Governor Newsom Vetoes Bill for Drug-Injection Sites in California
LOS ANGELES — Gov. Gavin Newsom vetoed legislation on Monday that would have allowed some California cities to open supervised drug-injection sites as part of a pilot program meant to stem a rushing tide of fatal overdoses.
“I have long supported the cutting edge of harm reduction strategies,” he said in a veto letter. “However, I am acutely concerned about the operations of safe injection sites without strong, engaged local leadership and well-documented, vetted, and thoughtful operational and sustainability plans.”
Mr. Newsom added that he was worried about “a world of unintended consequences” that could result from authorizing an unlimited number of sites. He directed the state’s secretary of health and human services to work with local leaders to set statewide operating standards for such facilities.
The proposal would have made the nation’s most populous state home to its broadest experiment with supervised injection sites, where people who use illegal drugs could do so under the watch of staff members who are trained to intervene in overdoses.
When the bill was approved by the state’s Democratic-controlled legislature earlier this month, it received fewer votes in favor than would be needed to override a veto.
The governor’s decision on whether to sign or veto the bill was closely watched as a signal of his political ambitions beyond California.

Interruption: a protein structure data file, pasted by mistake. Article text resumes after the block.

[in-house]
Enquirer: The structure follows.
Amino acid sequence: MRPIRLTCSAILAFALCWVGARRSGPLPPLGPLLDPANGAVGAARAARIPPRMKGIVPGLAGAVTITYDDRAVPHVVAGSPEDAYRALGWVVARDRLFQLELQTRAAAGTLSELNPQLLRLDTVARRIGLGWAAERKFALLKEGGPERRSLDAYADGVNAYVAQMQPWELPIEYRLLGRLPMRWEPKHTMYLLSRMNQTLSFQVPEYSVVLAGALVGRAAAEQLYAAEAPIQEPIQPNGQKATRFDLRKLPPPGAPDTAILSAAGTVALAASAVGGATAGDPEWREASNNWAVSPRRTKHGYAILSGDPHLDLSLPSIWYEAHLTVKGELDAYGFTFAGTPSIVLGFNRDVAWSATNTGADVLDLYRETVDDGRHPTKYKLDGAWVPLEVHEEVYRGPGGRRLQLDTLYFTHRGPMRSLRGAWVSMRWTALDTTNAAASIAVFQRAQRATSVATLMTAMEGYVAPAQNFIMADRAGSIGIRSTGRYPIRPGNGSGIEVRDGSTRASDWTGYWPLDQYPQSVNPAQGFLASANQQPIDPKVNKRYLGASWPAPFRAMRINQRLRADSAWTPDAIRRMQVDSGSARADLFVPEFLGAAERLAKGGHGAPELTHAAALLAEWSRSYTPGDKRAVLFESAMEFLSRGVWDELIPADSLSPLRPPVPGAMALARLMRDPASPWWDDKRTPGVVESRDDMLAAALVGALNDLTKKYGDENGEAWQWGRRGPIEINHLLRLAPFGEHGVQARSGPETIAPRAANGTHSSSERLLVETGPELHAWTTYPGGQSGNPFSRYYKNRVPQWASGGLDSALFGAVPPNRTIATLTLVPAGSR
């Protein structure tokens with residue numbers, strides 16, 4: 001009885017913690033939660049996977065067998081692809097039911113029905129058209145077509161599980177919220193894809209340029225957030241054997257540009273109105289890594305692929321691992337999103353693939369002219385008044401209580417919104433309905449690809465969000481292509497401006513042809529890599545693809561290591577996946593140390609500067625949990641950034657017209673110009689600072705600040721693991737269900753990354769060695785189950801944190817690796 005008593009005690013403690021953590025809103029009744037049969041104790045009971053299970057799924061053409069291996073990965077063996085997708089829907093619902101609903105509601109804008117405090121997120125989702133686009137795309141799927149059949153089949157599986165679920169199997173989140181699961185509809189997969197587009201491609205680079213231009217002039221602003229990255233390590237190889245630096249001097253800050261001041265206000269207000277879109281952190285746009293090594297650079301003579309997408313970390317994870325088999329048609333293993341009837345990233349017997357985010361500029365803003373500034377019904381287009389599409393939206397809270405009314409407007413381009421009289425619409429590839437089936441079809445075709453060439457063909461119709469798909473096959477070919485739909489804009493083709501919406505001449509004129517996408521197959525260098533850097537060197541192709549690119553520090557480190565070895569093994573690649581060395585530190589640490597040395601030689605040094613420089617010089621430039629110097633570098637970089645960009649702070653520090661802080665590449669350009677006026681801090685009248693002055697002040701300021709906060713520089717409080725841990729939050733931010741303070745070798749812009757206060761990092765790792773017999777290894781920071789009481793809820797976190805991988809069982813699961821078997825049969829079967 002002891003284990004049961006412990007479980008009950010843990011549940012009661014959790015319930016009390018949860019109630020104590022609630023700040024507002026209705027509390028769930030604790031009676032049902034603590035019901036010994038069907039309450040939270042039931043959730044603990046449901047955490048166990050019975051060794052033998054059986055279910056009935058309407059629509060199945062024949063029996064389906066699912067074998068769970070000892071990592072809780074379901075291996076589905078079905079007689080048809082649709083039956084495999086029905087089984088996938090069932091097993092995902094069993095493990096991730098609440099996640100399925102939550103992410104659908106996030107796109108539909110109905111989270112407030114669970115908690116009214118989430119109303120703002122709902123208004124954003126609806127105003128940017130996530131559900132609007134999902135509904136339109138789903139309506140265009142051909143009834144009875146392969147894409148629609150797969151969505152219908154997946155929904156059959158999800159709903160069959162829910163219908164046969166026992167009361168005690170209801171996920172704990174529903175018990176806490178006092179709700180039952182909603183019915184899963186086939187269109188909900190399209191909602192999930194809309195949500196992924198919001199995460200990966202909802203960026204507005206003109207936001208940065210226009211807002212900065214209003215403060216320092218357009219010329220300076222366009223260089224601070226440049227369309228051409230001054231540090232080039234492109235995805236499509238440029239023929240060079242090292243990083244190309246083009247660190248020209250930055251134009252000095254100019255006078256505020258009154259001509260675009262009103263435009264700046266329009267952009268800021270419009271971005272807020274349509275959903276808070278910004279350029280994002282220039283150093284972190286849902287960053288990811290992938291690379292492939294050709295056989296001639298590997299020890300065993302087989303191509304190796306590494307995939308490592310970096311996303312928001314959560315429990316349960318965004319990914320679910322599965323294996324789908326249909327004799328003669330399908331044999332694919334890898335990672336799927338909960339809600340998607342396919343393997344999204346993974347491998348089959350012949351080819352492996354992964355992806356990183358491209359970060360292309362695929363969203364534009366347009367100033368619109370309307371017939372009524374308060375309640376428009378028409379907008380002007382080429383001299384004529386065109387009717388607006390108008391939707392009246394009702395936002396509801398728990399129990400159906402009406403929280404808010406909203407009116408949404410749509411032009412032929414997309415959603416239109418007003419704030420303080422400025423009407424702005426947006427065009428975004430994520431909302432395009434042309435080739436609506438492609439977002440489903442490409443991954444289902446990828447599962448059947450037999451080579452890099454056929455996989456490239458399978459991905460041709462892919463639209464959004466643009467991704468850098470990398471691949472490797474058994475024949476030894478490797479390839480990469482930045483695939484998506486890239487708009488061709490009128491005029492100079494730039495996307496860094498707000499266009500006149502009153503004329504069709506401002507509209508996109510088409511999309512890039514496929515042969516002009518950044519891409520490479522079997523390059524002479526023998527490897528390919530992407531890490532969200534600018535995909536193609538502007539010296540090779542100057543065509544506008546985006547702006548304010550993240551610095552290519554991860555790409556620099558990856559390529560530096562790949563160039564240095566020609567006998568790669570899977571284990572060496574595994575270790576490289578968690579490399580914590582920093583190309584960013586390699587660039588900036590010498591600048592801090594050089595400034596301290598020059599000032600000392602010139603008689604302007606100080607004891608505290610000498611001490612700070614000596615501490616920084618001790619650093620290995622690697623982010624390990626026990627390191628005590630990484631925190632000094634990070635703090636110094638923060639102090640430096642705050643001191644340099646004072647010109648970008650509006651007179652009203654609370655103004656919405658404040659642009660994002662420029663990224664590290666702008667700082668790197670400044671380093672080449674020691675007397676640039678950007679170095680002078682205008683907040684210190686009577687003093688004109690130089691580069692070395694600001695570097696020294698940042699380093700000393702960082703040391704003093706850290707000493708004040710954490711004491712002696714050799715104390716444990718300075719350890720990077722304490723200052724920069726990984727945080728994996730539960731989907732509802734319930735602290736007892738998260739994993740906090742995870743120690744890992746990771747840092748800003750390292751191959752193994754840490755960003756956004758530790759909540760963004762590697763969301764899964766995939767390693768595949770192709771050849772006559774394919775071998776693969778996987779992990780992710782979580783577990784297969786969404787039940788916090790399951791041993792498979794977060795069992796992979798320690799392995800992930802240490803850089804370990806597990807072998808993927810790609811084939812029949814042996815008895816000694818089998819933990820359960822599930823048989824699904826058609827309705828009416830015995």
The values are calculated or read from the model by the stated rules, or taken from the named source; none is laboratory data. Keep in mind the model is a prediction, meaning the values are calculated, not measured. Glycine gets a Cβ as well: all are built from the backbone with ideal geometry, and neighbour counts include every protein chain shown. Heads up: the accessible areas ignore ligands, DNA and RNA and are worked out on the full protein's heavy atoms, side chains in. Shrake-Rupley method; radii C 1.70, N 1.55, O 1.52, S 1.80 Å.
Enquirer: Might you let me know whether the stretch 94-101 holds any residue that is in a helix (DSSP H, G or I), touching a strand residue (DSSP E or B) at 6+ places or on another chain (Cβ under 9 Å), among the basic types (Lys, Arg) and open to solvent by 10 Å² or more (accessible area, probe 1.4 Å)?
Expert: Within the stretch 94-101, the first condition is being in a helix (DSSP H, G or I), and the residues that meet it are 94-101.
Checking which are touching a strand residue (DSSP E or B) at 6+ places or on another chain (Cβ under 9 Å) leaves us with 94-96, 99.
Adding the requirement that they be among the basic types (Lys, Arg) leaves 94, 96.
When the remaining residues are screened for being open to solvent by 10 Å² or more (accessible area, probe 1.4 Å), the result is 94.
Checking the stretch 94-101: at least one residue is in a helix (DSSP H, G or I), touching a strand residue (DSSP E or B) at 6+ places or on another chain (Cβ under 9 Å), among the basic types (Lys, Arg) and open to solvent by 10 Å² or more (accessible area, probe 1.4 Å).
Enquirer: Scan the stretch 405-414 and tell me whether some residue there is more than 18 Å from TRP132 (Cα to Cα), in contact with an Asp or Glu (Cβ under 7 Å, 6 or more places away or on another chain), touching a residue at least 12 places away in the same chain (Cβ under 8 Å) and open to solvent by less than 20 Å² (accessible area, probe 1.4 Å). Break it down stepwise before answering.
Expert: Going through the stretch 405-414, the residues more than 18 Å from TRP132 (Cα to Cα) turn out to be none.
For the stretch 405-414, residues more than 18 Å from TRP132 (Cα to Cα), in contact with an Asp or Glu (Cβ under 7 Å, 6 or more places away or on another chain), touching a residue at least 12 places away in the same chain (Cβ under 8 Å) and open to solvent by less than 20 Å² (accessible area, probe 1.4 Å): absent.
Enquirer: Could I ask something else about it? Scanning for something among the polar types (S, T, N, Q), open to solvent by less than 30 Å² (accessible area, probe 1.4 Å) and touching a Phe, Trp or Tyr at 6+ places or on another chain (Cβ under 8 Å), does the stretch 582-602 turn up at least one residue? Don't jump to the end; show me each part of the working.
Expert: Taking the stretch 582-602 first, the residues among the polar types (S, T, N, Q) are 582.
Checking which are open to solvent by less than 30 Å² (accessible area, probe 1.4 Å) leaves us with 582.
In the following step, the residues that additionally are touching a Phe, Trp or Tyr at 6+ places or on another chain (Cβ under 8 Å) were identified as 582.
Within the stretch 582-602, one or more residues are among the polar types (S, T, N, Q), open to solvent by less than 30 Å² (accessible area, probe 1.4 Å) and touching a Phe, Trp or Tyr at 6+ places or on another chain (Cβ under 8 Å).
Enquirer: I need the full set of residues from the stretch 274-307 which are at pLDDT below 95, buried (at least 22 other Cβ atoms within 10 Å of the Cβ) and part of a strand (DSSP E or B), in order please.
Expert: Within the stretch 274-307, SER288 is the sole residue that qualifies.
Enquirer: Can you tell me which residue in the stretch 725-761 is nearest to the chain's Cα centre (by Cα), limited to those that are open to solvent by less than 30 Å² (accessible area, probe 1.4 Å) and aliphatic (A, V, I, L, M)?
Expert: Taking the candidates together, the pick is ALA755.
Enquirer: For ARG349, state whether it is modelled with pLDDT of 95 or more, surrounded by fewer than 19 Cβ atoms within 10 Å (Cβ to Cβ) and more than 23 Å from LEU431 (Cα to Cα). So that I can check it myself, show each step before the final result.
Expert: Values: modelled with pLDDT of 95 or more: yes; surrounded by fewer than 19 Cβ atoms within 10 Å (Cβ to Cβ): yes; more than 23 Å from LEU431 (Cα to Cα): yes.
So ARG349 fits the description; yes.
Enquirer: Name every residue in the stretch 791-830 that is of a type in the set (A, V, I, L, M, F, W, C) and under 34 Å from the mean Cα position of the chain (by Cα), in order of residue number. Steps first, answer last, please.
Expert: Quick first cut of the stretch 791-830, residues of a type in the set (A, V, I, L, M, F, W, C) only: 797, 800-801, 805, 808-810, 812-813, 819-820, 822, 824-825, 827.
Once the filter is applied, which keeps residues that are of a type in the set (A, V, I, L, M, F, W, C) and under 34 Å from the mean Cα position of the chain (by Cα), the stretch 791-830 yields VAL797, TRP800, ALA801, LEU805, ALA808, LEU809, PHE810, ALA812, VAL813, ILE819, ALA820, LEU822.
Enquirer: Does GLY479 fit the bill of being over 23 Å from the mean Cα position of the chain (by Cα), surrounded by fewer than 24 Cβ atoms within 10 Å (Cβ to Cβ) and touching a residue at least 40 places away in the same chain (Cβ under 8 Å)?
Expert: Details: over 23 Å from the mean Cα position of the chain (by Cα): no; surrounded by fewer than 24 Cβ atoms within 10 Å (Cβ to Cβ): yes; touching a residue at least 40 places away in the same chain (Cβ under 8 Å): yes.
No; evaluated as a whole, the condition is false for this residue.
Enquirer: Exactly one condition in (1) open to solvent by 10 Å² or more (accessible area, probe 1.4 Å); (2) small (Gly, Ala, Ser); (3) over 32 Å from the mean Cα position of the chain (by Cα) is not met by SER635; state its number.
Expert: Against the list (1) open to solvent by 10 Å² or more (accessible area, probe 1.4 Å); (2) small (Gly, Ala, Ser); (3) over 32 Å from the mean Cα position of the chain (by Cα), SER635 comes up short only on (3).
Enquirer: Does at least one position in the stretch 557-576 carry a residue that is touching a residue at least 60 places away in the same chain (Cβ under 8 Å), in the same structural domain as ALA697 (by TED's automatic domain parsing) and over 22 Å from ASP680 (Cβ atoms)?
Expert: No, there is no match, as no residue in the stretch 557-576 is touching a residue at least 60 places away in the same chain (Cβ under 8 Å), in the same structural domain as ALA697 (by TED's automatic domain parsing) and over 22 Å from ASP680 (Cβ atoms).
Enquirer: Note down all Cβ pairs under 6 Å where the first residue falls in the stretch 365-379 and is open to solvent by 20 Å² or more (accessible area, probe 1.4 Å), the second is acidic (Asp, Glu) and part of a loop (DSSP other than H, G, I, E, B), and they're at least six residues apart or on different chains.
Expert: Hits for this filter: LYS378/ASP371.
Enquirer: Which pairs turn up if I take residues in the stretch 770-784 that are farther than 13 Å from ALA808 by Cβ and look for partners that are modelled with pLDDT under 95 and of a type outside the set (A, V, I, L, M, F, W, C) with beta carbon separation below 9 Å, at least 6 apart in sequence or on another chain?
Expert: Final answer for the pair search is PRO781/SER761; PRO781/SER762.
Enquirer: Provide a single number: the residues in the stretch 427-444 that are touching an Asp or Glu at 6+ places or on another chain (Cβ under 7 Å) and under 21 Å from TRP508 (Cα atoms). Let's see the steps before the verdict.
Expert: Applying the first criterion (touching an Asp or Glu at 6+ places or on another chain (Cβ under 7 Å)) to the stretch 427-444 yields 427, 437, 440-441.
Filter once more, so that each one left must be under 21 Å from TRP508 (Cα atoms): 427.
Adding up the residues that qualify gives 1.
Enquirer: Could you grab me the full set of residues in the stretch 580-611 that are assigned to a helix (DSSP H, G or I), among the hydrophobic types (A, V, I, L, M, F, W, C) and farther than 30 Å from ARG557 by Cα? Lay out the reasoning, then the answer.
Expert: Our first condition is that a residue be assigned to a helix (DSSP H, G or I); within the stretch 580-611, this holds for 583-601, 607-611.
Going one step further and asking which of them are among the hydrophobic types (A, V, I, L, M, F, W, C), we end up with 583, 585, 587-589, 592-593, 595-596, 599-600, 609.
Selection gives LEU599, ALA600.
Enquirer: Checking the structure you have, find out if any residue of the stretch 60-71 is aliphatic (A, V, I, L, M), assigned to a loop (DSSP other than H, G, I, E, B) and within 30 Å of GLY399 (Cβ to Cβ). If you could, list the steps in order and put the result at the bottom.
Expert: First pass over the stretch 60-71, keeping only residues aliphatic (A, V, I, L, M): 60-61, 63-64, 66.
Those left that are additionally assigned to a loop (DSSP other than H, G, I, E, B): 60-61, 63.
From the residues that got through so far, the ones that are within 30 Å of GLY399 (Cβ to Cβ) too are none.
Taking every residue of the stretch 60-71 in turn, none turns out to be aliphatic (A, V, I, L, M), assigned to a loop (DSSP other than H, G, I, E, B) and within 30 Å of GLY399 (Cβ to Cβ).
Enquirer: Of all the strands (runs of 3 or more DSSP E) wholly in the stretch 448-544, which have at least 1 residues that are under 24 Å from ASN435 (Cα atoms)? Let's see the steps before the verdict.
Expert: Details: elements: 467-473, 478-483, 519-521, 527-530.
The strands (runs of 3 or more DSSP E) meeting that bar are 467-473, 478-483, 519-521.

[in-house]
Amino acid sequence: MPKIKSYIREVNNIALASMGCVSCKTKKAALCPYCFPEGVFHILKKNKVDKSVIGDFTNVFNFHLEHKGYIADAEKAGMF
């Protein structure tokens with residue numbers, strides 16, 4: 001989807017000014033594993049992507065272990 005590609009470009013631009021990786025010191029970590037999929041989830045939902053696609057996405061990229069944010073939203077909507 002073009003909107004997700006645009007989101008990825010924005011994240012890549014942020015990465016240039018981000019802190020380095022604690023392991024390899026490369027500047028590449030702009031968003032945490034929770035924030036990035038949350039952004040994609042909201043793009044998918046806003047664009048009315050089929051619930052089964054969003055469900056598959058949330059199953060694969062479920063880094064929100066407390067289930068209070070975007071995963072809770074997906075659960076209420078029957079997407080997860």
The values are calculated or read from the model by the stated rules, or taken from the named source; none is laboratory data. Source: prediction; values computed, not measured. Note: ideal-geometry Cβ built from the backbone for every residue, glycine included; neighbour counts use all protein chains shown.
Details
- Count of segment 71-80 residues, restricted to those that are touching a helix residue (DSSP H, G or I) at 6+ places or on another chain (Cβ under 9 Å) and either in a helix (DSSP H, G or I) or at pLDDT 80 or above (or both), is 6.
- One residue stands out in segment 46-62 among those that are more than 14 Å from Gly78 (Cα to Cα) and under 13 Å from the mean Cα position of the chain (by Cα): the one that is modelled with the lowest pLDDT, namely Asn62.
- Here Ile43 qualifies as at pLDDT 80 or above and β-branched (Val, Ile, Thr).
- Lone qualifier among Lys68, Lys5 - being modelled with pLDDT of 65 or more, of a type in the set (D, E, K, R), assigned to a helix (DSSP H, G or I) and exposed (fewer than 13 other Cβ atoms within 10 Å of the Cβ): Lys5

Mr. Newsom, a Democrat, has built a national profile as an outspoken defender of popular progressive causes like abortion rights and gun control. But political observers speculated that he would be hesitant to sign the injection-site bill, which might have yielded potent fodder for his conservative critics if it had become law.
“He likes to be ahead of the curve,” Jessica Levinson, a political analyst who teaches at Loyola Law School in Los Angeles, said of Mr. Newsom recently. “But if he signs this, the ads kind of write themselves: He becomes ‘Governor Heroin.’”
Supporters of the measure, including local elected officials, said that the synthetic opioid fentanyl was driving the worst overdose crisis in American history, one that has become closely entwined with California’s catastrophic housing emergency. They said the bill offered Mr. Newsom a chance to save thousands of lives while also saving taxpayers the cost of many ambulance rides and emergency room visits.
The bill would have allowed the cities of San Francisco, Los Angeles and Oakland, as well as Los Angeles County, to set up supervised injection facilities in communities that were already struggling with open drug use and frequent overdoses. At the centers, drug users would be offered supplies like clean needles, and could be connected with treatment services.
Read More on the Newsom Administration
- Injection-Site Bill: Gov. Gavin Newsom vetoed a bill for supervised drug-injection sites in California, saying the state was not ready to put the idea into practice.
- Abortion: With the end of Roe v. Wade, Mr. Newsom vowed to “fight like hell” for abortion rights. His state is also looking to enshrine those rights in its constitution.
- A Message for Hollywood: The governor has called on film companies to “walk the walk” on liberal values by stopping filming in conservative states such as Georgia and Oklahoma.
- Hardball Tactics: Embracing a fight-fire-with-fire approach against Republicans, Mr. Newsom has enforced bans on assault weapons and ghost guns that co-opt a Texas anti-abortion tactic.